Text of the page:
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Creativity coach, writing and creative process instructor, speaker, author of Around the Writer's Block: Using Brain Science to Write the Way You Want (Penguin/Tarcher 2012) and Dancing in the Dragon's Den (Red Wheel Weiser), Teaching Artist at the Loft Literary Center.

Writing Failure Lesson #1: Don’t!

Edison Refused to Fail – You Can Too

Thomas Edison’s observation that he had not failed, he’d found 10,0000 ways that didn’t work (or 1,000 or 700 depending on the source) is remembered because it is unexpected. Edison’s lesson from failure was to refuse to see it.

Most of us couldn’t endure finding even 100 ways not to do something. Most of us get the lesson from failure much faster than that, and the lesson is “Don’t!” But we think the “Don’t” means:

Don’t do that again.

Don’t try.

Don’t be stupid.

Don’t be naïve.

Don’t trust.

Don’t act.

Just don’t.

It’s not your fault that you get confused about what to say “Don’t” to. Your brain is hard-wired to avoid failure.

As I explained in another post, the lateral habenula reacts to potential failure by inhibiting the release of dopamine. Because dopamine is the feel-good, let’s-do-that-again neurotransmitter, failure literally feels bad.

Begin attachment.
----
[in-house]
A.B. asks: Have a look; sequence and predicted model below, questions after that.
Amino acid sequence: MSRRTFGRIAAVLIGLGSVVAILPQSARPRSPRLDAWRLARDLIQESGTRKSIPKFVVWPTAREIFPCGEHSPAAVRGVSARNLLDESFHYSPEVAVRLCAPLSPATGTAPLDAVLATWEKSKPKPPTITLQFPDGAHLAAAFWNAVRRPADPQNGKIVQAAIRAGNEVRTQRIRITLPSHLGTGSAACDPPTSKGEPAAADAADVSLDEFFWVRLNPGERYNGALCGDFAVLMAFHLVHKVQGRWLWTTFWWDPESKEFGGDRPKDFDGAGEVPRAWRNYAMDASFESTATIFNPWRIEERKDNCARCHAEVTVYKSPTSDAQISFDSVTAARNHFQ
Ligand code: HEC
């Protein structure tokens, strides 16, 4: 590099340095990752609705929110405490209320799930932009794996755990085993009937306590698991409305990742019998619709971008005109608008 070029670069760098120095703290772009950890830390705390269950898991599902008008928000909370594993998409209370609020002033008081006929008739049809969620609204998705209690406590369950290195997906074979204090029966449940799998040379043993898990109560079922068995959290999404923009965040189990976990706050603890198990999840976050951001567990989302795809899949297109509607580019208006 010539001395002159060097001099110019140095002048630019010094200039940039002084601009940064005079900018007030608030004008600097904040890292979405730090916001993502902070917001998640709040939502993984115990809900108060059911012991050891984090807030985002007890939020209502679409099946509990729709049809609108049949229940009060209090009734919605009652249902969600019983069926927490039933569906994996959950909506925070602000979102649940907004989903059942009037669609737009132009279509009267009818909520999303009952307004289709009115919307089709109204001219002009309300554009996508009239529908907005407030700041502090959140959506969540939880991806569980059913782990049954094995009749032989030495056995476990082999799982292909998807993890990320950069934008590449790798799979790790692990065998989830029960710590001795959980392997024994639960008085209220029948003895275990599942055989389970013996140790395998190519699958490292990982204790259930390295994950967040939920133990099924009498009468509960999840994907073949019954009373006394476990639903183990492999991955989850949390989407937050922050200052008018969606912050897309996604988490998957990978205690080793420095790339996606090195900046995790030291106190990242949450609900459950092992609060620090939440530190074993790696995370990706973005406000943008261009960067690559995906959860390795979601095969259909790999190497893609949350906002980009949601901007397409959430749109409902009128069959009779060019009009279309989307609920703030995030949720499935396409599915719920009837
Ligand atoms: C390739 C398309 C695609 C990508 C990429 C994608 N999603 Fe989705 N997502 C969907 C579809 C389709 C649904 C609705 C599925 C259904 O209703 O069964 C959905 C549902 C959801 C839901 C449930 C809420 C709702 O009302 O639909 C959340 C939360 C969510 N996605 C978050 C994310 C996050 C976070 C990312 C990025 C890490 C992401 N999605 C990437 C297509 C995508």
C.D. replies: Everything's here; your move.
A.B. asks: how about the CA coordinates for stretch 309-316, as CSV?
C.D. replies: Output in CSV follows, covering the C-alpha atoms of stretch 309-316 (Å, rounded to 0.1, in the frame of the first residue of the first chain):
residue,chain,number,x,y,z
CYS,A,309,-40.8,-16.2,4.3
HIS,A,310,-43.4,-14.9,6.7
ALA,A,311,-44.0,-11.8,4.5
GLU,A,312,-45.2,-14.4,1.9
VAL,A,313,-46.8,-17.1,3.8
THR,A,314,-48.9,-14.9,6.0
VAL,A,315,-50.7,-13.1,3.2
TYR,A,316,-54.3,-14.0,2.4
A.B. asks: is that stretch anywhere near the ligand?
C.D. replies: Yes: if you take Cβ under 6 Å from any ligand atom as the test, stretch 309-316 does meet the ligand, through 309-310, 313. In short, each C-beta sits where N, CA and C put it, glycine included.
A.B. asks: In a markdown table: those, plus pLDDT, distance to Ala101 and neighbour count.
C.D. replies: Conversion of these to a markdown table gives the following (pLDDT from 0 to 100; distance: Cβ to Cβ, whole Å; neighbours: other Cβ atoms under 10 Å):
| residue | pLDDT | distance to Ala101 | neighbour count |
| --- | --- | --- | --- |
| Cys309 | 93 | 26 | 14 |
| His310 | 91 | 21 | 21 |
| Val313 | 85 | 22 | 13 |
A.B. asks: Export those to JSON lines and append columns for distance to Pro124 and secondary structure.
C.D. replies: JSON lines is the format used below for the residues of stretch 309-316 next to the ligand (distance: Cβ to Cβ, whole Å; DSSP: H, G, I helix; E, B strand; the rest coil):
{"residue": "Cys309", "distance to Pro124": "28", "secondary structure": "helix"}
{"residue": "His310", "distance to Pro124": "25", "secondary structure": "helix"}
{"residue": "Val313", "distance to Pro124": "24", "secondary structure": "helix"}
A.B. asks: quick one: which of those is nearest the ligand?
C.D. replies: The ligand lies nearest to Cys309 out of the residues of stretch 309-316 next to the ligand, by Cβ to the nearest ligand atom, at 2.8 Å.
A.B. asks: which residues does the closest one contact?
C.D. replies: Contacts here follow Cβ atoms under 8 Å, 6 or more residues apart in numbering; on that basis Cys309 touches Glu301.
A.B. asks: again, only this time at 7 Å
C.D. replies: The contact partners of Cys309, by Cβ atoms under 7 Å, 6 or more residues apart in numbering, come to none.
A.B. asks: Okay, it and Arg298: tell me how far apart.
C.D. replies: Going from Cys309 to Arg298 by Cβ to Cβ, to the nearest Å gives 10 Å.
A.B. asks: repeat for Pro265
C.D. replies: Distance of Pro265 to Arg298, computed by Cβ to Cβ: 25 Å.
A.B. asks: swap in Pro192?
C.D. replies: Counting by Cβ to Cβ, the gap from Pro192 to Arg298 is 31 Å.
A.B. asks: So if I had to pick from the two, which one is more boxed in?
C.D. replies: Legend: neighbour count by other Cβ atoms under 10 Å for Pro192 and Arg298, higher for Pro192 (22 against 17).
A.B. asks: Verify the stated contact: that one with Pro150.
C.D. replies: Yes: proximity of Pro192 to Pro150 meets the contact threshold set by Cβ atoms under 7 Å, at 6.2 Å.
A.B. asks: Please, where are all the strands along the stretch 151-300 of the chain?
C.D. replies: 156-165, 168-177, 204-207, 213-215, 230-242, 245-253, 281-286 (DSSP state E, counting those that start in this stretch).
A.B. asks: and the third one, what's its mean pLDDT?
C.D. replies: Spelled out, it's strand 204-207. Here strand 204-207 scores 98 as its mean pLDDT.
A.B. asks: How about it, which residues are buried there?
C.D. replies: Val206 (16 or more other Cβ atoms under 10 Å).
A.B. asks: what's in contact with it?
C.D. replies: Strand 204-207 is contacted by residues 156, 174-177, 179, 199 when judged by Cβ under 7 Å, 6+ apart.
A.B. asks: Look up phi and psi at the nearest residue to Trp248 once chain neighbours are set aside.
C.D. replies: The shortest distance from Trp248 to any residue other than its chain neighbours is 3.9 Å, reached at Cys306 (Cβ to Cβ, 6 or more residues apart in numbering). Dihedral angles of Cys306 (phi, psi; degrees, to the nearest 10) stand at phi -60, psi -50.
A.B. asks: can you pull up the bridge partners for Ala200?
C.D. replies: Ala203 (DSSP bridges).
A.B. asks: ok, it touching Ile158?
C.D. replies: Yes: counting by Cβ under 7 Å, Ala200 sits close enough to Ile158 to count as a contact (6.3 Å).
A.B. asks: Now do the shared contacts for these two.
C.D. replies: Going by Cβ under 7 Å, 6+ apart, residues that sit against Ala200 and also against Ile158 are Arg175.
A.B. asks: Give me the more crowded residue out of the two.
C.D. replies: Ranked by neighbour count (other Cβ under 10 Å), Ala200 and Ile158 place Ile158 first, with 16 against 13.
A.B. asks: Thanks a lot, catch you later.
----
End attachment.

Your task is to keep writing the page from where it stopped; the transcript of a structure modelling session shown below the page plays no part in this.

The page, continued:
And because dopamine is source of the energy, insight and desire you need to write, fear of failure obliterates motivation.

Your lateral habenula tells you “Don’t even think about it.” This is how your brain protects you from investing energy in behaviors that could be dangerous, ineffective or unsatisfying.

What Have You Mistaken For Failure?

Before you know you had the option to refuse failure, what made you think you failed as a writer? 

  • Rejection letters
  • Lack of interest in your work
  • Losing a grant or award
  • Not reaching a word count goal
  • Bad reviews
  • Criticism of what you write
  • Comparisons of your writing practice with other writers’ routines
  • Recognizing you don’t show up for writing the way you want?

To paraphrase Edison, these are not failures. You may have learned 30 ways not to write a query letter, 50 ways to not engage readers, 10 ways to push a committee to select someone else, and so on.

Not Yet Doesn’t Mean Never

The time to say “Don’t” is when you’re about to assume that an unexpected outcome or unwanted response is a failure. Negative comments don’t mean your writing has failed, they mean that piece of writing is not completely successful yet.

I love the word nearling coined by Igor Byttebier and Ramon Vullings in Creativity Today: 

“A nearling is a positive word for something new that was done with the right intentions, which has not – yet – led to the right result.”

Seeing your writing as evolving nearlings will keep your lateral habenula from putting the brakes on your motivation. Looking for where your writing is nearling and where it has a way to go to reach nearling status helps you avoid the either-or trap of success or failure. It’s also better reflects the reality of creation. 

Creativity Isn’t Either-Or

on off switch writer's blockSuccess or failure is a digital perspective – one or zero. Switches are digital; they’re either off or on.